What does the direct-to-consumer boom mean for retailers?

Dan Hooper, co-founder of YesMore drinks marketing agency asks what the pandemic boom in direct-to-consumer (D2C) sales means for drinks retailers in 2022 and beyond.

The stratospheric leap in buying online has meant that anyone who sold drinks online has sold a lot more. Many drinks brands jumped on the train too, launching their own direct-to-consumer arms – Molson Coors launched Revl in November 2020, and William Grant & Sons launched its direct offering, Clink, in 2021. Across 2020-21, it seemed as though everyone who could was moving into online drinks retailing.

And then: the great reopening and the return to shops and bars. But some online behaviours have stayed. Naked Wines, for example, has seen a strong performance. Pandemic-levels of growth won’t be sustained, but the shift to online won’t revert either, with people intending to continue to buy online more than before. So, what comes next for drinks retailers? How can they compete with all the D2C brands and portfolio owners who are moving in on their patch? Should they even still be investing in online?

The answer is yes, but it’s not as simple as creating a website, launching a copycat D2C brand or investing in an existing site. As the dust (hopefully) settles on the biggest change in the sector in decades, what should drinks retailers do online next?


The best place to start is by understanding what you have online and how it’s working for you. Do you currently have a website? Do you sell via Amazon or shoppable Instagram ads? How well do all of your channels work? What’s the cost per sale/conversion? Are they returning the investment you’re putting in?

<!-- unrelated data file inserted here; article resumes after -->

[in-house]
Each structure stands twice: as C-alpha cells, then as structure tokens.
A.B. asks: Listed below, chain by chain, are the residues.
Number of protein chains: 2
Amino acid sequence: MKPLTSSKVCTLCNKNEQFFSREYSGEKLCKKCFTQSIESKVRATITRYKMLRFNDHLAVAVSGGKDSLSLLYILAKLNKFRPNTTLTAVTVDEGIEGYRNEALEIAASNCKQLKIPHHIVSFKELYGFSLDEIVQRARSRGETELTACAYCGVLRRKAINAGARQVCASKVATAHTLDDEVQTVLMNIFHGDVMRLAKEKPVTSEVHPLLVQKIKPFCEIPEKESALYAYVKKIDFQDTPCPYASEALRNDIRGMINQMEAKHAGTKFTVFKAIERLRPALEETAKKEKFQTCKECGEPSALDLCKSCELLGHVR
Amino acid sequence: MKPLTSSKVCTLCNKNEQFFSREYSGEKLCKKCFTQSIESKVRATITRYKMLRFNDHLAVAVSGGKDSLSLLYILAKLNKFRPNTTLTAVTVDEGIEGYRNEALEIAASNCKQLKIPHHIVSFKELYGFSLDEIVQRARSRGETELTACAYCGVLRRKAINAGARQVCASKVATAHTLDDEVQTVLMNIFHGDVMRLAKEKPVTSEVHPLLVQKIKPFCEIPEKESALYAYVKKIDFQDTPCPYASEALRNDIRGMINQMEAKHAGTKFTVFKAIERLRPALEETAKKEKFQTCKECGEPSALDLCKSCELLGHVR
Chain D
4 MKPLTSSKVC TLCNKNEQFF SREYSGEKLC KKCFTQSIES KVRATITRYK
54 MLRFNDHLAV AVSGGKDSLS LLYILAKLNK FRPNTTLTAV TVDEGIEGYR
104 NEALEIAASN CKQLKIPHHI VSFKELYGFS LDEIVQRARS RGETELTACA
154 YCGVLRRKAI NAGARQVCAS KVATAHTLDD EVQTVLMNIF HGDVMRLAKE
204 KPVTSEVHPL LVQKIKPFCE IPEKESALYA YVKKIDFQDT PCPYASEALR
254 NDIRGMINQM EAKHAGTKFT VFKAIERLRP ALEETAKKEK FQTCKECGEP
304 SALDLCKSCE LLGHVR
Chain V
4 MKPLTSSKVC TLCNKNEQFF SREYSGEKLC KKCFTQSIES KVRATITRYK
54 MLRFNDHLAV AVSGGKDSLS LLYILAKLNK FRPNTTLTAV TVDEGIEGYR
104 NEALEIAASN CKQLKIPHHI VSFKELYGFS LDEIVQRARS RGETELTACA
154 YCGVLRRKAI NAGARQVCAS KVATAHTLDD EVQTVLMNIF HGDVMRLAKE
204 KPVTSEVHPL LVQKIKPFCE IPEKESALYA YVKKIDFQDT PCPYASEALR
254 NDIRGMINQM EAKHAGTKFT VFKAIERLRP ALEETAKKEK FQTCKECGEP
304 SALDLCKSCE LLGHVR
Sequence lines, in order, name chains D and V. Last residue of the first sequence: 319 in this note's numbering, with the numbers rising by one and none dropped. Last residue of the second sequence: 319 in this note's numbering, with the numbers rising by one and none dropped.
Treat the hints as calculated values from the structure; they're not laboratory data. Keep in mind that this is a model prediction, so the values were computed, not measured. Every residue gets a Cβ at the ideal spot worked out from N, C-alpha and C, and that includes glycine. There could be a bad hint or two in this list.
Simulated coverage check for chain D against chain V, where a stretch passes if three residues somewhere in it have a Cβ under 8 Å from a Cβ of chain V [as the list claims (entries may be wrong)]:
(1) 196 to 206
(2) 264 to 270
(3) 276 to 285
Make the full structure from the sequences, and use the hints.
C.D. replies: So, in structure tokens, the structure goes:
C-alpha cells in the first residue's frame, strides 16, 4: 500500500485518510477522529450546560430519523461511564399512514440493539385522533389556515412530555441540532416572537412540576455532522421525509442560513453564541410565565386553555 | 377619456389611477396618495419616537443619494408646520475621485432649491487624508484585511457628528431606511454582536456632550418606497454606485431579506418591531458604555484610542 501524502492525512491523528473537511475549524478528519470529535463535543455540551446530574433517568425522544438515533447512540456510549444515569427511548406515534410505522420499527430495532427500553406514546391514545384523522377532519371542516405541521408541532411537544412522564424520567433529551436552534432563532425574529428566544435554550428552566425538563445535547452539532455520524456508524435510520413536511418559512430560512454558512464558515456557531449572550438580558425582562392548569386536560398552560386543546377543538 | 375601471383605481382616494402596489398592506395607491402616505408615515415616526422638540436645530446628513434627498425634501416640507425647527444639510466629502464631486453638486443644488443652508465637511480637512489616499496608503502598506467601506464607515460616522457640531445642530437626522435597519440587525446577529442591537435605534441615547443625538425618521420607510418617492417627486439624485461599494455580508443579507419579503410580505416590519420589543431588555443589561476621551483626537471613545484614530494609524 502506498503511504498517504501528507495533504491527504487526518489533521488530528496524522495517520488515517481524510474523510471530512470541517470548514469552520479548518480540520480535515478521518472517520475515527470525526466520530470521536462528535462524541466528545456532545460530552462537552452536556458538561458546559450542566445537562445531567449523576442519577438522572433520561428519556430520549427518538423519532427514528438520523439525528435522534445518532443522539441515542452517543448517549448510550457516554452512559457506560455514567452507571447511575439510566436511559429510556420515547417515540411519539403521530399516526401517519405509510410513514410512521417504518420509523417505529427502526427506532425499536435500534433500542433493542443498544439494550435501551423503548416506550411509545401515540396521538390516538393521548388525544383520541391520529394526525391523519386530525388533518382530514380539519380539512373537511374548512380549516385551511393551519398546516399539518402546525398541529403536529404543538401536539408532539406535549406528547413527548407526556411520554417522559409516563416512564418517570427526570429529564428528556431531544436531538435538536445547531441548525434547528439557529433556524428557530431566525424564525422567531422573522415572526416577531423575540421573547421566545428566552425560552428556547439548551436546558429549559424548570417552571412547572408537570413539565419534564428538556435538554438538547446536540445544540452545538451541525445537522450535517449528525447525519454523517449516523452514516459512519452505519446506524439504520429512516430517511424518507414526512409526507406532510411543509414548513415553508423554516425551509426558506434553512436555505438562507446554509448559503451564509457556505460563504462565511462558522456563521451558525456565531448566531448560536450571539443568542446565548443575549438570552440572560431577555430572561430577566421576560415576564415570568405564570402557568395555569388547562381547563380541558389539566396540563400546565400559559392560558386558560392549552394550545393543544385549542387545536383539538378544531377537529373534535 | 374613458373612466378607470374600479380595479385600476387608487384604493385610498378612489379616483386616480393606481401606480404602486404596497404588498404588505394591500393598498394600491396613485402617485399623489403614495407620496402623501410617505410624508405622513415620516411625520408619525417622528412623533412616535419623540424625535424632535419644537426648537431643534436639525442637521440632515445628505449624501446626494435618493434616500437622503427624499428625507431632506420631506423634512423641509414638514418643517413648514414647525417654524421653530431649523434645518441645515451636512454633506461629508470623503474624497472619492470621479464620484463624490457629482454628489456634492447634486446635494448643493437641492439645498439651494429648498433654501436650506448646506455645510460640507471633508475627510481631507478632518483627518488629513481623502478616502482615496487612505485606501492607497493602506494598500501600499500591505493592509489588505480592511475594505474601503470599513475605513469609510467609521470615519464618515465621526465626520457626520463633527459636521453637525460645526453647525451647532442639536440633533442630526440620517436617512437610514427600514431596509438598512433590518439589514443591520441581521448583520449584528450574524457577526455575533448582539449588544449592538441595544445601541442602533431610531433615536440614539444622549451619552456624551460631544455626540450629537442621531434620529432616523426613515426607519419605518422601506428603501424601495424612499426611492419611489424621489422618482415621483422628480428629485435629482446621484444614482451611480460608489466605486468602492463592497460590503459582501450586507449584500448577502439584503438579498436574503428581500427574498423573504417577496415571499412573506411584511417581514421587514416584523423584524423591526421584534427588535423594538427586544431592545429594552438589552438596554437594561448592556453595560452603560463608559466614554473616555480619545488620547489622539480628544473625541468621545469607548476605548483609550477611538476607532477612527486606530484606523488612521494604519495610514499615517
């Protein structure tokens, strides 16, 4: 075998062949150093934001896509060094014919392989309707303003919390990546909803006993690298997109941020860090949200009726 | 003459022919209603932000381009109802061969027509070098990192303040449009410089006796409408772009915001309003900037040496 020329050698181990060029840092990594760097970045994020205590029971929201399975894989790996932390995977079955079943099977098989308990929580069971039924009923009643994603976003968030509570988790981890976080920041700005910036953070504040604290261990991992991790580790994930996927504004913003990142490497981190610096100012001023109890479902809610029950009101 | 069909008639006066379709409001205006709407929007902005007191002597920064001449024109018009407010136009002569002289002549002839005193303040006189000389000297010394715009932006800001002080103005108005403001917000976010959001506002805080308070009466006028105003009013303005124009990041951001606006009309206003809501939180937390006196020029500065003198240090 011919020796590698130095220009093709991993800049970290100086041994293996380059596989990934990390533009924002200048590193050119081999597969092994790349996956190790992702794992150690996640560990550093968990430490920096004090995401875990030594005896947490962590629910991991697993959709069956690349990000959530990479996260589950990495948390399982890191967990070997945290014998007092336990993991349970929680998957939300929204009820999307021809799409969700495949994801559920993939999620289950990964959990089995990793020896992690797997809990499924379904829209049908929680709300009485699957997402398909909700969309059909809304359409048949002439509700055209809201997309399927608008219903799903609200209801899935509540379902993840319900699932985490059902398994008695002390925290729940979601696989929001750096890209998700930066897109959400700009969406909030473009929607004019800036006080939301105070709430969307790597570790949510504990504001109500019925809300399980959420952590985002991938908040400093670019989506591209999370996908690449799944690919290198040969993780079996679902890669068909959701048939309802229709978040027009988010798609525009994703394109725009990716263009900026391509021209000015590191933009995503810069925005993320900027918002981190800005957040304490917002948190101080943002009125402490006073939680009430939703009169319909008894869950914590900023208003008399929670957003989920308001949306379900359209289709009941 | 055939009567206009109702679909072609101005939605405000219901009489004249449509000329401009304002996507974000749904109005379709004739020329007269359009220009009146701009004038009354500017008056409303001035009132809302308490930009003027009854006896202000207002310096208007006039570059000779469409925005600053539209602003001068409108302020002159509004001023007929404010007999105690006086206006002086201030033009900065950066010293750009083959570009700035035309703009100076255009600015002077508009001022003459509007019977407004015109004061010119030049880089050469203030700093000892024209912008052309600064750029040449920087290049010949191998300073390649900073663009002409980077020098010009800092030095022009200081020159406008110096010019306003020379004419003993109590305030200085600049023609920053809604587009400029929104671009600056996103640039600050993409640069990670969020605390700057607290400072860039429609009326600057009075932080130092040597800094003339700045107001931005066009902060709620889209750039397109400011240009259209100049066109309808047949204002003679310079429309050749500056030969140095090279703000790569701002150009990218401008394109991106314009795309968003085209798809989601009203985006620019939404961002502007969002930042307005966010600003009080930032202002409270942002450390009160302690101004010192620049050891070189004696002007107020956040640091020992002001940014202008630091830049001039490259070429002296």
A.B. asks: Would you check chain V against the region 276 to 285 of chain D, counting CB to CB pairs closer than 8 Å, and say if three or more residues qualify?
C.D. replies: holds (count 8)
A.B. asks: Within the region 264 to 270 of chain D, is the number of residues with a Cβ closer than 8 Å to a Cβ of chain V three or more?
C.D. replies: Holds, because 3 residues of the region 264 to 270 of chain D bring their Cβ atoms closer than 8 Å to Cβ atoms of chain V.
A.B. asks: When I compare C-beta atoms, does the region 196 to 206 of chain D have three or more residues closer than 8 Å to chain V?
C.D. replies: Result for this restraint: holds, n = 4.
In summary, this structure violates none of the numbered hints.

And then look to your customers. How are they buying, how do they want to buy, and what suits them? Are there new customers you could reach online who aren’t finding you in other ways?

Your eventual strategy might be shoppable social ads, or Amazon only, or investing in reaching your hardcore fans to convert directly on your website. But now is the time to take an in-depth look and plan for what comes next.


Whatever else you want to do, you need a strategy for Amazon. Whether you want to engage or ignore, it’s not going anywhere, and what it’s doing works, so be sure you understand its impact on you.

Yes, Amazon is a big beast. But it is also a platform you can engage with. Many brands and retailers that we work with see impressive conversion rates on Amazon. It’s a pre-existing ecosystem and something that can be trialled fairly easily.


If you sell brands – or are a brand or retailer – that people really love (or you aspire to be one) then make the most of that. Off er fans something more – a reason to buy directly from you online, in the channel that works best for you.

Could you improve the online buying experience or change what customers receive in their delivery? What about rewards for loyalty?

Ask yourself how the whole experience can replicate your brand, surprise people, bring them unexpected joy and build loyalty. From Instagrammable packaging to added extras and excellent online service, there are a lot of ways to stand out and make the most of the continued popularity of online.

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